China: brands not catching on among new generation?
Is the stereotype of Chinese customers showing off flashy brand logos a thing of the past? Perhaps, according to a research team at Nelly Rodi, which met with Chinese members of the industry at the trade show Intertextile. The agency spoke with FashionMag.com at the event about sharp changes in demand that Western brands would not otherwise have imagined.
According to Juliette Duveau, fashion project manager at the French agency, an increasing share of local customers continue to remain below brands radars. "A gap has developed between young consumers and their parents,” she explained. “Previously, brands allowed consumers to show off their status. But they don’t mean the same thing for the next generation."
Instead, younger consumers aspire to originality and a discriminating sense of taste. “They are far more creative and fashion-oriented as compared to the international market,” said Duveau. "This is reflected in particular by the emergence of local designers with a more fashionable range, sometimes fashion forward.”
“These designers are proud of their origins and offer Chinese savoir-faire with a modern twist,” said Laurent Mouel, creative director fashion/beauty at the agency. "This contrasts with local designers who used to try to hide their origins, instead taking inspiration from abroad. Today, designers are reappropriating their origins in order to transcend them."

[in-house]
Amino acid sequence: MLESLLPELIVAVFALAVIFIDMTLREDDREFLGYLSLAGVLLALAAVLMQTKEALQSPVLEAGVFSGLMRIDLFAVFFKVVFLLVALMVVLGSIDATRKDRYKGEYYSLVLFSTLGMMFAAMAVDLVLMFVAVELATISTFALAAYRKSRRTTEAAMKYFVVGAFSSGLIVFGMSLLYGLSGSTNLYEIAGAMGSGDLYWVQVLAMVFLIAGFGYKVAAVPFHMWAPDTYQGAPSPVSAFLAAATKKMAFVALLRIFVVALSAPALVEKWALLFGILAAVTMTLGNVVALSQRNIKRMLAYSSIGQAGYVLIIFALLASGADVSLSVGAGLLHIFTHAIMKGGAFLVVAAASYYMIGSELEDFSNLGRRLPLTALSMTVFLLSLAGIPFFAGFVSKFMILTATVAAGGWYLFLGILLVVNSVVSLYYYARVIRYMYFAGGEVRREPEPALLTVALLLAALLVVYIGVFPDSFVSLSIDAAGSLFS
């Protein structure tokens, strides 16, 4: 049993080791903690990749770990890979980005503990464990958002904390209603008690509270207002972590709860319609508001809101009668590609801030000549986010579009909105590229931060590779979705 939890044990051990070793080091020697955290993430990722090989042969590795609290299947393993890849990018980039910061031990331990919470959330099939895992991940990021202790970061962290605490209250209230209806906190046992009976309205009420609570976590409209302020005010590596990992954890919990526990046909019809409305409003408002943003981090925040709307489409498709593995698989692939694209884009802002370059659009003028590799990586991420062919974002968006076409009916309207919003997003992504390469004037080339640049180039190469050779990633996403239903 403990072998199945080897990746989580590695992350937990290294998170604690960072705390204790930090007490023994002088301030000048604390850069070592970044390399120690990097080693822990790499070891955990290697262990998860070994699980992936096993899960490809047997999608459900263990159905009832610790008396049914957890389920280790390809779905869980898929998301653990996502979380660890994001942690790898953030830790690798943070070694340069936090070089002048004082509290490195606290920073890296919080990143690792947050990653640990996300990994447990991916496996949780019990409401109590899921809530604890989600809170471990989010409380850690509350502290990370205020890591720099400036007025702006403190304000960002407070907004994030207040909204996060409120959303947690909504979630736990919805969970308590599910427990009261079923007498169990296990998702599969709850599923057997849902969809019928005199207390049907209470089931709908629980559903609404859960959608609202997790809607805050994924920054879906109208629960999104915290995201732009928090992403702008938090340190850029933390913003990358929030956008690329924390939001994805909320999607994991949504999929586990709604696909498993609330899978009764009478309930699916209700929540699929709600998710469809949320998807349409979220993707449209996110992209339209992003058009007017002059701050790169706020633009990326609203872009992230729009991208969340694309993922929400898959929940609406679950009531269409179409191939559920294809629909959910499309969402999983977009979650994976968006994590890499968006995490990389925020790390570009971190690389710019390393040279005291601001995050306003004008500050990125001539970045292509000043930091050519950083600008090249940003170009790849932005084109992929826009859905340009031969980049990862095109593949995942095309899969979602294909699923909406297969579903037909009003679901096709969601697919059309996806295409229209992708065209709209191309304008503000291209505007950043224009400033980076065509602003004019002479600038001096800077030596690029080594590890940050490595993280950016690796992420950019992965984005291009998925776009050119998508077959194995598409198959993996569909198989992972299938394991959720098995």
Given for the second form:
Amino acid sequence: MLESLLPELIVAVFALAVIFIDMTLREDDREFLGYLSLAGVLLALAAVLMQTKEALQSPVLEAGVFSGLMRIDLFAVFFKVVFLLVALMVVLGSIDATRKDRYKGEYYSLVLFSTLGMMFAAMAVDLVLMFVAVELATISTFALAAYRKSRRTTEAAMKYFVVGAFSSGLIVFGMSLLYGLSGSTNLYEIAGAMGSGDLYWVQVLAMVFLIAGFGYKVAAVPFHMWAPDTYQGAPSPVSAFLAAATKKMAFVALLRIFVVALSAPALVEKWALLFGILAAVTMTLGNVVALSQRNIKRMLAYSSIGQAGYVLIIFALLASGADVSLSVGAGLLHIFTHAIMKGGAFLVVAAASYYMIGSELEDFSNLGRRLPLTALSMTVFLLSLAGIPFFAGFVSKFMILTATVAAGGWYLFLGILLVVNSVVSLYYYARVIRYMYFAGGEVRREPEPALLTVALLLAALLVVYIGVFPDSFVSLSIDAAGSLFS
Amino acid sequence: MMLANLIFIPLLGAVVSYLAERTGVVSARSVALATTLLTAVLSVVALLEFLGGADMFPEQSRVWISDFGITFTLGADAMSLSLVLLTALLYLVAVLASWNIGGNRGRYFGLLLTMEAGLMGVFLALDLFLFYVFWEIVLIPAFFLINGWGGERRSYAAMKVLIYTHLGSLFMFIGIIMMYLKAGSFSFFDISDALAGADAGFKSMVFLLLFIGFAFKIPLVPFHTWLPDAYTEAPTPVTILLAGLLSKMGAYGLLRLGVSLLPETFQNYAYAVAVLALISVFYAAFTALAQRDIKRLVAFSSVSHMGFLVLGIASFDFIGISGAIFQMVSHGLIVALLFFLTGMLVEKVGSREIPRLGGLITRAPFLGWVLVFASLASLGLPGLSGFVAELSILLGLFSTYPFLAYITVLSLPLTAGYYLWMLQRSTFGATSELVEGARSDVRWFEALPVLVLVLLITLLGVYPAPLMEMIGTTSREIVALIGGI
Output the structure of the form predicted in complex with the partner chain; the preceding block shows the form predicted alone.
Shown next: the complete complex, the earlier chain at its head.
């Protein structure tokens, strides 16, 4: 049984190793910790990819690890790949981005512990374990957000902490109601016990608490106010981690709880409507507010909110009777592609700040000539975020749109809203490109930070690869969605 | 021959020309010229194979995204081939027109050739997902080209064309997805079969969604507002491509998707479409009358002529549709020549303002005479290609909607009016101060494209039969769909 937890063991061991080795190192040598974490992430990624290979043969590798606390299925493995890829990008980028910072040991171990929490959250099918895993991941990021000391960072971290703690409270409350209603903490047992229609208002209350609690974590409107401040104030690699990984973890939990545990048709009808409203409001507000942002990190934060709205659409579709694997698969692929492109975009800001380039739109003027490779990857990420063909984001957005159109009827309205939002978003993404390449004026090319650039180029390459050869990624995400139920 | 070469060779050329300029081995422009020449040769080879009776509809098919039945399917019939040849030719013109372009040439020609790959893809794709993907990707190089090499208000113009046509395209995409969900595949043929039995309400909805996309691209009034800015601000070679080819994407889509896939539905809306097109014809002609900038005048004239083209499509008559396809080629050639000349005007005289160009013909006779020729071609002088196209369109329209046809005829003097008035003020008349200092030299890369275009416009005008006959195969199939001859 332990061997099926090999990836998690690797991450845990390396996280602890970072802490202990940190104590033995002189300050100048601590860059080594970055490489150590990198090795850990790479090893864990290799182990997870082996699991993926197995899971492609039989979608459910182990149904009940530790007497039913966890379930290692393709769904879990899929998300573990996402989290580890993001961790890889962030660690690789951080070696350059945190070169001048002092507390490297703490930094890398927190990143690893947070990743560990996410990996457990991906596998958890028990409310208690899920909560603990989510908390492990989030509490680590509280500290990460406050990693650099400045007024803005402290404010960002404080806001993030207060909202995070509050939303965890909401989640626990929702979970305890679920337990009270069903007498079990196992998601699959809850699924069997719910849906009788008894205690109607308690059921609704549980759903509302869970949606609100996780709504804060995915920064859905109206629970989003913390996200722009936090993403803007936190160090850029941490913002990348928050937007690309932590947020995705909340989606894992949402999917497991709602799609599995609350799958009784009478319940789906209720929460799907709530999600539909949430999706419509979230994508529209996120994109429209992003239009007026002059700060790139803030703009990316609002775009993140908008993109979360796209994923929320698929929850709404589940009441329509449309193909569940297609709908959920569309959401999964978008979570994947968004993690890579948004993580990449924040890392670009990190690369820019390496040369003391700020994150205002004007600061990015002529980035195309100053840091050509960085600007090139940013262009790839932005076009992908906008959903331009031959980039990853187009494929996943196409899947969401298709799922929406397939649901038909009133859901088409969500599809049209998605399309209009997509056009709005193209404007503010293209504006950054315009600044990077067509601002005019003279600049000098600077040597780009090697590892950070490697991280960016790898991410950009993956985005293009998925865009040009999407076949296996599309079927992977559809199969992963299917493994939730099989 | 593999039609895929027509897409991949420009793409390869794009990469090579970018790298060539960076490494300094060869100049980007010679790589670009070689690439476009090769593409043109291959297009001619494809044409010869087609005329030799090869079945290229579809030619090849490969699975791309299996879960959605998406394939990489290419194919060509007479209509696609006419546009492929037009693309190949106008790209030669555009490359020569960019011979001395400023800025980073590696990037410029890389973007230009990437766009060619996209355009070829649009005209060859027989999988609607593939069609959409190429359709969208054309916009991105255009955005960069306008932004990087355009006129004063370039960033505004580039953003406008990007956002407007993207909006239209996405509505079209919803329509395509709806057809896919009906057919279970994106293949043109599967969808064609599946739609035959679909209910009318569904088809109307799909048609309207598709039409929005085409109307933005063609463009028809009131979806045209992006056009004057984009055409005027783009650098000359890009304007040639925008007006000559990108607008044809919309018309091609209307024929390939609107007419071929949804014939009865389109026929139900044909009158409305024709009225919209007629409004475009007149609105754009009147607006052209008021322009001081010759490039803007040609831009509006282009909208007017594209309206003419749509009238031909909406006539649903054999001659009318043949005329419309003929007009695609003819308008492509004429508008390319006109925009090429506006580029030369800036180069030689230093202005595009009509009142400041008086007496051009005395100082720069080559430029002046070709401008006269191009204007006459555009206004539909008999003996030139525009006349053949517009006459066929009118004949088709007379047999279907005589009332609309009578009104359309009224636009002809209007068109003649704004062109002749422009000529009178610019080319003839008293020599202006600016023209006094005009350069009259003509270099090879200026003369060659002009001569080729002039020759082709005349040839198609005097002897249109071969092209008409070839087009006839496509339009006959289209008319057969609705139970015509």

It’s a kind of audacity that can also be found among customers, who now seek to stand out while avoiding past excesses. “Now, there are a lot of Chinese bloggers who are followed throughout the world,” said Marie Dupin, head of Nelly Rodi’s fashion advisory council. “They focus on looks that are a lot more innovative than what you find on Western blogs, which rehash the same sort of things.”
So have basics been eclipsed by this quest for originality? No, says Laurent Mouel. "Basics in China are like classics. Here, basics can be modern, and don’t have to follow strict rules. Customers like simple products that play with colors."
In the end, two modes of consumption now coexist in China. But have brands been too slow to meet new expectations? According to Duveau, even luxury brands have not responded quickly enough to customers’ desires for more personalized products.
"In China, the modernity of the range sometimes goes beyond what’s available in the West," she says. "Brands have focused all their attention on their logos and marketing. We’ve taken the time to investigate this desire for things that are subtler. These expectations explain the success of brands like Celine and Marni."
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